Oct. 8, 2014 | By Alec
3D printing is slowly becoming more and more common in everyday life, as more and more household objects can now be easily printed with your very own desktop 3D extrusion printer. However, a collaboration between French 3D printing provider leFabShop and biannual French trade fair Maison & Objet – which is one of Europe's most important interior design events – is taking things to a whole new level.
Together, they have released the Maison & Objet line, a series of 3D printable objects including lamps, clocks and containers inspired by the three cities that are currently hosting the international exhibition 'Maison & Objet': Paris, Miami and Singapore. All objects are fully 3D printable and have been designed by Samuel N. Bernier, creative director of leFabShop.
M&O PARIS LAMP, inpsired by Gustave Eiffel's most famous architecture. The shape of this object reminds the metal structure of the Eiffel Tower.
As they explained, Bernier wanted to explore a wholly new type of product design, enabled by 3D printing:
He imagined a production cycle where the creator removes any middle man between the consumer and himself. The people who will download the objects will have the liberty to choose the material and color they prefer before producing the design. Even better, each lamps and clocks being built on the same base, the owner of different designs is able to combine them, giving him almost infinite possibilities.
The Miami range transcribes the sunny light characteristic of Florida. An energetic yellow color reminiscent beaches, people, streets, textures.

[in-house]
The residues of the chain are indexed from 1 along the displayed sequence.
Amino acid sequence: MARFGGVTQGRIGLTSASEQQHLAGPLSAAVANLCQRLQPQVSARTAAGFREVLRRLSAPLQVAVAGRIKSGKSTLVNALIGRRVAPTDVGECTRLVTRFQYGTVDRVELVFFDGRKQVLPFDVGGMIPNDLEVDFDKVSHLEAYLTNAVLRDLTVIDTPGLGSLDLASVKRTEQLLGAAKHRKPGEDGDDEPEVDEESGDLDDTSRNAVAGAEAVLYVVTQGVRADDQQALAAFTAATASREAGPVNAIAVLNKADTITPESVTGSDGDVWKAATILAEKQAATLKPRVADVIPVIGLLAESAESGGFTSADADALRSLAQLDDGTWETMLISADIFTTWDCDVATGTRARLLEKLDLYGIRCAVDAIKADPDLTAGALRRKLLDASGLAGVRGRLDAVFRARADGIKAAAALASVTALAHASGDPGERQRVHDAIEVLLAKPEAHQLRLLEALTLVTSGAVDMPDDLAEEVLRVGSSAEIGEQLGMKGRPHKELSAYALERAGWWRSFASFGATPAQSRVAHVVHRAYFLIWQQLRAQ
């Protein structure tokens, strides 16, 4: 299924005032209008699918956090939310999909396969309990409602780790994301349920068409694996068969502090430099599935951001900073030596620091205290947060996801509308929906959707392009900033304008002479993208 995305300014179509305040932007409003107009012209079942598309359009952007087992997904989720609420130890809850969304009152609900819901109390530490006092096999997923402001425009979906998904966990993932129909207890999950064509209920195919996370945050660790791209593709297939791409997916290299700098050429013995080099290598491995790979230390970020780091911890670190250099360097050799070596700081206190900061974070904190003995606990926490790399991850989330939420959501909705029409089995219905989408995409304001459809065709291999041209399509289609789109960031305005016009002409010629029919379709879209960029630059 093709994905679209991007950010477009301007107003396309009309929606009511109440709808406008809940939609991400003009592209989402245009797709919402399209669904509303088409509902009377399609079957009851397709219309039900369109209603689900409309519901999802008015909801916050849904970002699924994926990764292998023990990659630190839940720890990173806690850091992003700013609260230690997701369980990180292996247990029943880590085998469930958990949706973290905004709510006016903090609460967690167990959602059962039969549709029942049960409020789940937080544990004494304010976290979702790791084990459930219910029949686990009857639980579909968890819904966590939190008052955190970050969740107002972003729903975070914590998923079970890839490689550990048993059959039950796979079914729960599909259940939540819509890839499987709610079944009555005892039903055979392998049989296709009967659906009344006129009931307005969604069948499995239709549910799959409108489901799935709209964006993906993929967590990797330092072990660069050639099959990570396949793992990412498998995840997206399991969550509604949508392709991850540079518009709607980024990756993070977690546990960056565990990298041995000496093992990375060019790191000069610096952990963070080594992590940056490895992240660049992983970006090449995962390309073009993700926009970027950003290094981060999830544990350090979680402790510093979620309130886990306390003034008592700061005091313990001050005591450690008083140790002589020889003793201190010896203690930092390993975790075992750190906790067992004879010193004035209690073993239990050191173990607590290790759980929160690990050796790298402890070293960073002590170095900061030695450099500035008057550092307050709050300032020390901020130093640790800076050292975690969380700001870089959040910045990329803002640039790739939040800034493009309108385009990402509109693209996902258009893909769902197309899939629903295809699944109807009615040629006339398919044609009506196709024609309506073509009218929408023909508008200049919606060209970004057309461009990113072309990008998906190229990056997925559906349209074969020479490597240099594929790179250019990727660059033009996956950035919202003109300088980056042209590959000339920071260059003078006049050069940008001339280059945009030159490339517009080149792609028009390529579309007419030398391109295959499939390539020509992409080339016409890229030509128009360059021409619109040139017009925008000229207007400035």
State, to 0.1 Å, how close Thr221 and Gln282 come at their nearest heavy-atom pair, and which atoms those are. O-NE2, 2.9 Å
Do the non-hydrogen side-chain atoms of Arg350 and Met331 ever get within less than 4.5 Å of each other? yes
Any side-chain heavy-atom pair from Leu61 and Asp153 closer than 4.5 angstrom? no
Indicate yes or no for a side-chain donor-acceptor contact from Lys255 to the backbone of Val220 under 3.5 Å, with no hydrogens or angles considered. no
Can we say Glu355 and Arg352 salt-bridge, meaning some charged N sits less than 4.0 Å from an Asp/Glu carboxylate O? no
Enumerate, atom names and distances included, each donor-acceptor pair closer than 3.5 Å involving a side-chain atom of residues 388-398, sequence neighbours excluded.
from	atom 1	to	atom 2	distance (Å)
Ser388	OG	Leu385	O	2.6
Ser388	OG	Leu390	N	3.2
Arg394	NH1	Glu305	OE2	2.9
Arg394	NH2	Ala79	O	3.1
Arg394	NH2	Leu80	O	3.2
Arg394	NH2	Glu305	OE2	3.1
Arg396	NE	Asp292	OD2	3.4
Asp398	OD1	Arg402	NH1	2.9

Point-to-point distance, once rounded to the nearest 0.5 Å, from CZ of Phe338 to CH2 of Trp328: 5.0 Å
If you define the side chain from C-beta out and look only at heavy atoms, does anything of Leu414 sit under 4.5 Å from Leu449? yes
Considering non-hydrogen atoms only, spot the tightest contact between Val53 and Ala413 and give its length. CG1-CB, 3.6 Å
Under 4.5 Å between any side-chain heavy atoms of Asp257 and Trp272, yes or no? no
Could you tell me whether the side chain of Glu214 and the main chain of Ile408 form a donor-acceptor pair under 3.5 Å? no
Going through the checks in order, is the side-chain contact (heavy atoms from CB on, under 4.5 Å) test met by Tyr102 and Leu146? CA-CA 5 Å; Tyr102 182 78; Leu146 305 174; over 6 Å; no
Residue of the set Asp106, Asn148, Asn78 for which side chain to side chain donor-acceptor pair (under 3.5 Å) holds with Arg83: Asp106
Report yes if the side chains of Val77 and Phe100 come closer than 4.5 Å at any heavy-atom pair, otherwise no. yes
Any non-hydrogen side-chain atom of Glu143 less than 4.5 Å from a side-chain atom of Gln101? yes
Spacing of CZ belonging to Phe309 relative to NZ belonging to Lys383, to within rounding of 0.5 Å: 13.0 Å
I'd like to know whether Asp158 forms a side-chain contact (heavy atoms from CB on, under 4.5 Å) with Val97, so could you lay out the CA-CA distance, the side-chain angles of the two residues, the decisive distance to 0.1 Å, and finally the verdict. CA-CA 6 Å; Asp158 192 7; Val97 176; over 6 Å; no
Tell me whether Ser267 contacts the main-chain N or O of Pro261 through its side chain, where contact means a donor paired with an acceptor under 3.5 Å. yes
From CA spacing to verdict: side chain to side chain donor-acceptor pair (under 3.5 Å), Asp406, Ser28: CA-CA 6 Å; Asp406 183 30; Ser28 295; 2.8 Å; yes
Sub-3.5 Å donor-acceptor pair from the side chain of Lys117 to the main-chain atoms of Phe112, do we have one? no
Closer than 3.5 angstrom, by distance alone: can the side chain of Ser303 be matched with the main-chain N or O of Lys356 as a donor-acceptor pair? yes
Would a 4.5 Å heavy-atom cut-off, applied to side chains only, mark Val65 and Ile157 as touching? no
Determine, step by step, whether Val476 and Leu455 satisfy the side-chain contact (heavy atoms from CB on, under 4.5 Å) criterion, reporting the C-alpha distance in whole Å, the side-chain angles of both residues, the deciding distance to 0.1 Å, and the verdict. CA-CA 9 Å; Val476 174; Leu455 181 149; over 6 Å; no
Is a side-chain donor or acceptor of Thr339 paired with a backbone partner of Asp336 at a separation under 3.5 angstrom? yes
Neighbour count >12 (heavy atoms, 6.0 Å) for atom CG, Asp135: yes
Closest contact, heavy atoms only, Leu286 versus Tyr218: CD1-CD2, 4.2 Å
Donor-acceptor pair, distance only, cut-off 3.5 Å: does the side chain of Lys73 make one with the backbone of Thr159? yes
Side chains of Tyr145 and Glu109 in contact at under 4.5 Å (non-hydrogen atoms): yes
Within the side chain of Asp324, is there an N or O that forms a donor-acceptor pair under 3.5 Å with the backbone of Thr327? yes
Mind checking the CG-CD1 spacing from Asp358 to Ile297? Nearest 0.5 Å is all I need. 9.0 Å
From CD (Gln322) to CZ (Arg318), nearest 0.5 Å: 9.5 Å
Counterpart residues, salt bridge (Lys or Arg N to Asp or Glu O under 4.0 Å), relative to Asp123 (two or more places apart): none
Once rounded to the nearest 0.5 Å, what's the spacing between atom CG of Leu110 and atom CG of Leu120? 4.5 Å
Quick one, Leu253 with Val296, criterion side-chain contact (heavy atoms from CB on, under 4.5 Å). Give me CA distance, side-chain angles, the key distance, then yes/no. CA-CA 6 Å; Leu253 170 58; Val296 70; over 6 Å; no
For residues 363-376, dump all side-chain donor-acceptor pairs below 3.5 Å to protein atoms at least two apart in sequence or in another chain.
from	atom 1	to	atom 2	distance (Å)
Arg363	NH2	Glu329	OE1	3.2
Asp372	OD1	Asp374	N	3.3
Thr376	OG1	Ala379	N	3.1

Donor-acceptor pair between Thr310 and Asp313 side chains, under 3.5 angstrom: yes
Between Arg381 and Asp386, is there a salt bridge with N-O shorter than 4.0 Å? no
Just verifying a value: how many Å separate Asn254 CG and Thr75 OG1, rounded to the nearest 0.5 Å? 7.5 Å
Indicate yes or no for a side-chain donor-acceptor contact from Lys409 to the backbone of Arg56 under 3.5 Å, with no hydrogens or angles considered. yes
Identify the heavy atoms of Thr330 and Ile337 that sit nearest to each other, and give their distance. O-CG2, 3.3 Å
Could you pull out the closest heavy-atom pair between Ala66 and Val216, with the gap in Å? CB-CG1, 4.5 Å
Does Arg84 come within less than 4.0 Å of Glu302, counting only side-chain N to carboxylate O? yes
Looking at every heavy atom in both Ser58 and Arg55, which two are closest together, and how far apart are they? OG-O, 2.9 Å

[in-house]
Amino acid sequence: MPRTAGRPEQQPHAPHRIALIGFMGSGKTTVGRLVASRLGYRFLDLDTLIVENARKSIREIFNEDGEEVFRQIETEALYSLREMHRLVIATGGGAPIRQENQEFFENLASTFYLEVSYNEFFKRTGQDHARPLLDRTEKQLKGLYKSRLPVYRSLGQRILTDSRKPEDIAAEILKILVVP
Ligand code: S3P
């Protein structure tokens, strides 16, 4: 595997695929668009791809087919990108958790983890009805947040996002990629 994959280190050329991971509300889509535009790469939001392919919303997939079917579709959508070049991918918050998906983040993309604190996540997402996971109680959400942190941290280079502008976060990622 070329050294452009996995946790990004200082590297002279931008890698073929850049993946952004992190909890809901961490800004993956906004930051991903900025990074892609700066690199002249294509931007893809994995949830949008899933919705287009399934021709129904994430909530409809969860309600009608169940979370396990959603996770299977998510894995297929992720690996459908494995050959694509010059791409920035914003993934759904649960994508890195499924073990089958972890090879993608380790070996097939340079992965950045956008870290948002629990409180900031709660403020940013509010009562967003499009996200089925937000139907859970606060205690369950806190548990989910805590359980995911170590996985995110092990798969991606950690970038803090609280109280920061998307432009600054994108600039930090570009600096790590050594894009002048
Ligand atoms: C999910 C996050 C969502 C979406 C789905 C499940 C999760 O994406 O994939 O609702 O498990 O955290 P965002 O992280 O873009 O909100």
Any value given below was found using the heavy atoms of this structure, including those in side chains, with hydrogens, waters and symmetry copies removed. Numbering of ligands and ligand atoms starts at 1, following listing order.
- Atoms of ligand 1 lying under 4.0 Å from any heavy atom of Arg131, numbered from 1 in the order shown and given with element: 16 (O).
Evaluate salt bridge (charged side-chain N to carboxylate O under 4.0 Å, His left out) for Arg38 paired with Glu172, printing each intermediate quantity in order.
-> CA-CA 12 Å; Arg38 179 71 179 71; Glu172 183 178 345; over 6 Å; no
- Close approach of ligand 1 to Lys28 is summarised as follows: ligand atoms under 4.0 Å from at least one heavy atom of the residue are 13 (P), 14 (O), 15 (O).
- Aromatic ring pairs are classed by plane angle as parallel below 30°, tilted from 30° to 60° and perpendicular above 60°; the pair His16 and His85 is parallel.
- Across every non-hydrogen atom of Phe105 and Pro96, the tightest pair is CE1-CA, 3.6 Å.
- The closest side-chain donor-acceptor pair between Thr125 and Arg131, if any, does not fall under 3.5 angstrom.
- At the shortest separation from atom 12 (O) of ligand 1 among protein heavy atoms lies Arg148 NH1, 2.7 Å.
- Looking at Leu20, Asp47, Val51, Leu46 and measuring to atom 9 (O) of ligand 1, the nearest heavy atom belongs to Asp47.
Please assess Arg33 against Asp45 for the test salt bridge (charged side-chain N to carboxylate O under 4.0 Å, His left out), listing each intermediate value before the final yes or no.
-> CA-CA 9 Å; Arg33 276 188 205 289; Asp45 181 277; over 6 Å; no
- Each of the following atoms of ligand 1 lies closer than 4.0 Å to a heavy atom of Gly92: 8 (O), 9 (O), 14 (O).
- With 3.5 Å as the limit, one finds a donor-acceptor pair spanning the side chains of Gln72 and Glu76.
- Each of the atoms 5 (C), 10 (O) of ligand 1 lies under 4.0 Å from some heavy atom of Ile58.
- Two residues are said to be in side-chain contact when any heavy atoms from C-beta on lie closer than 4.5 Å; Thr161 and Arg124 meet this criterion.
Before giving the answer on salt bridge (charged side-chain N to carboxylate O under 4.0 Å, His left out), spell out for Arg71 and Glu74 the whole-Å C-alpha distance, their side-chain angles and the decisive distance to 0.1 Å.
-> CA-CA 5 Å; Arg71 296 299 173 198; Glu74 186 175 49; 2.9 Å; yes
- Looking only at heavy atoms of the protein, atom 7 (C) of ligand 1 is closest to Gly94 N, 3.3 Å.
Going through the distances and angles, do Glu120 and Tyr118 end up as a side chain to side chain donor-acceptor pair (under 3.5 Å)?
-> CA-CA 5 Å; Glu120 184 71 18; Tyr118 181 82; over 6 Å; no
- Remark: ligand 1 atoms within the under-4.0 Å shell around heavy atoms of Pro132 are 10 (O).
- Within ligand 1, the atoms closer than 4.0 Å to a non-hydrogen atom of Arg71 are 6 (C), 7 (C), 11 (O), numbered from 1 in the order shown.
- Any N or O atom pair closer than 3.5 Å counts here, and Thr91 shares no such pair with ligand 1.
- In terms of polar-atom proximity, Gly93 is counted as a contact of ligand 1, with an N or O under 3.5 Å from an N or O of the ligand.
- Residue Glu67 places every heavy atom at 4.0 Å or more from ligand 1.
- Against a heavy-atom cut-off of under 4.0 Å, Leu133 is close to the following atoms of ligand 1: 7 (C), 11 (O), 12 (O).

Bernier conceived each object with desktop 3D printing in mind, and this can definitely been seen. The assembly enables MakerBot users to build a 30cm wide lamp on a simple MakerBot Replicator (or any other 3D printer). Owners of the brand new MakerBot Z18 will be able to print the entire lamp all at once, without support material.
The Singapore category handles deftly the concept of transparency. He chose this thansparency to represent the omnipresence of water in this maritime city, it also recalls the reflections in the windows of many skyscrapers.
All 3D files of this collection can be downloaded exclusively from the French 3D printing marketplace Cults. But don't worry, they're not a cult. Instead, their name is an anacycle: Read it backwards and it becomes St. Luc, patron saint of artists and sculptors.
As Hugo, one of the masterminds behind Cults told us, 'This art project is a true shift because it aims to empower people. They have the opportunity to be both: manufacturer, consumer and critical of their own design products.'
This impressive collection thus enables everyone to tackle two projects at once. Not only does it provide you with an interesting 3D printing project, but it will also finally give you an incentive to start redecorating. You can find the beautiful Maison & Object series in the Cult store here.
Posted in 3D Printing Applications
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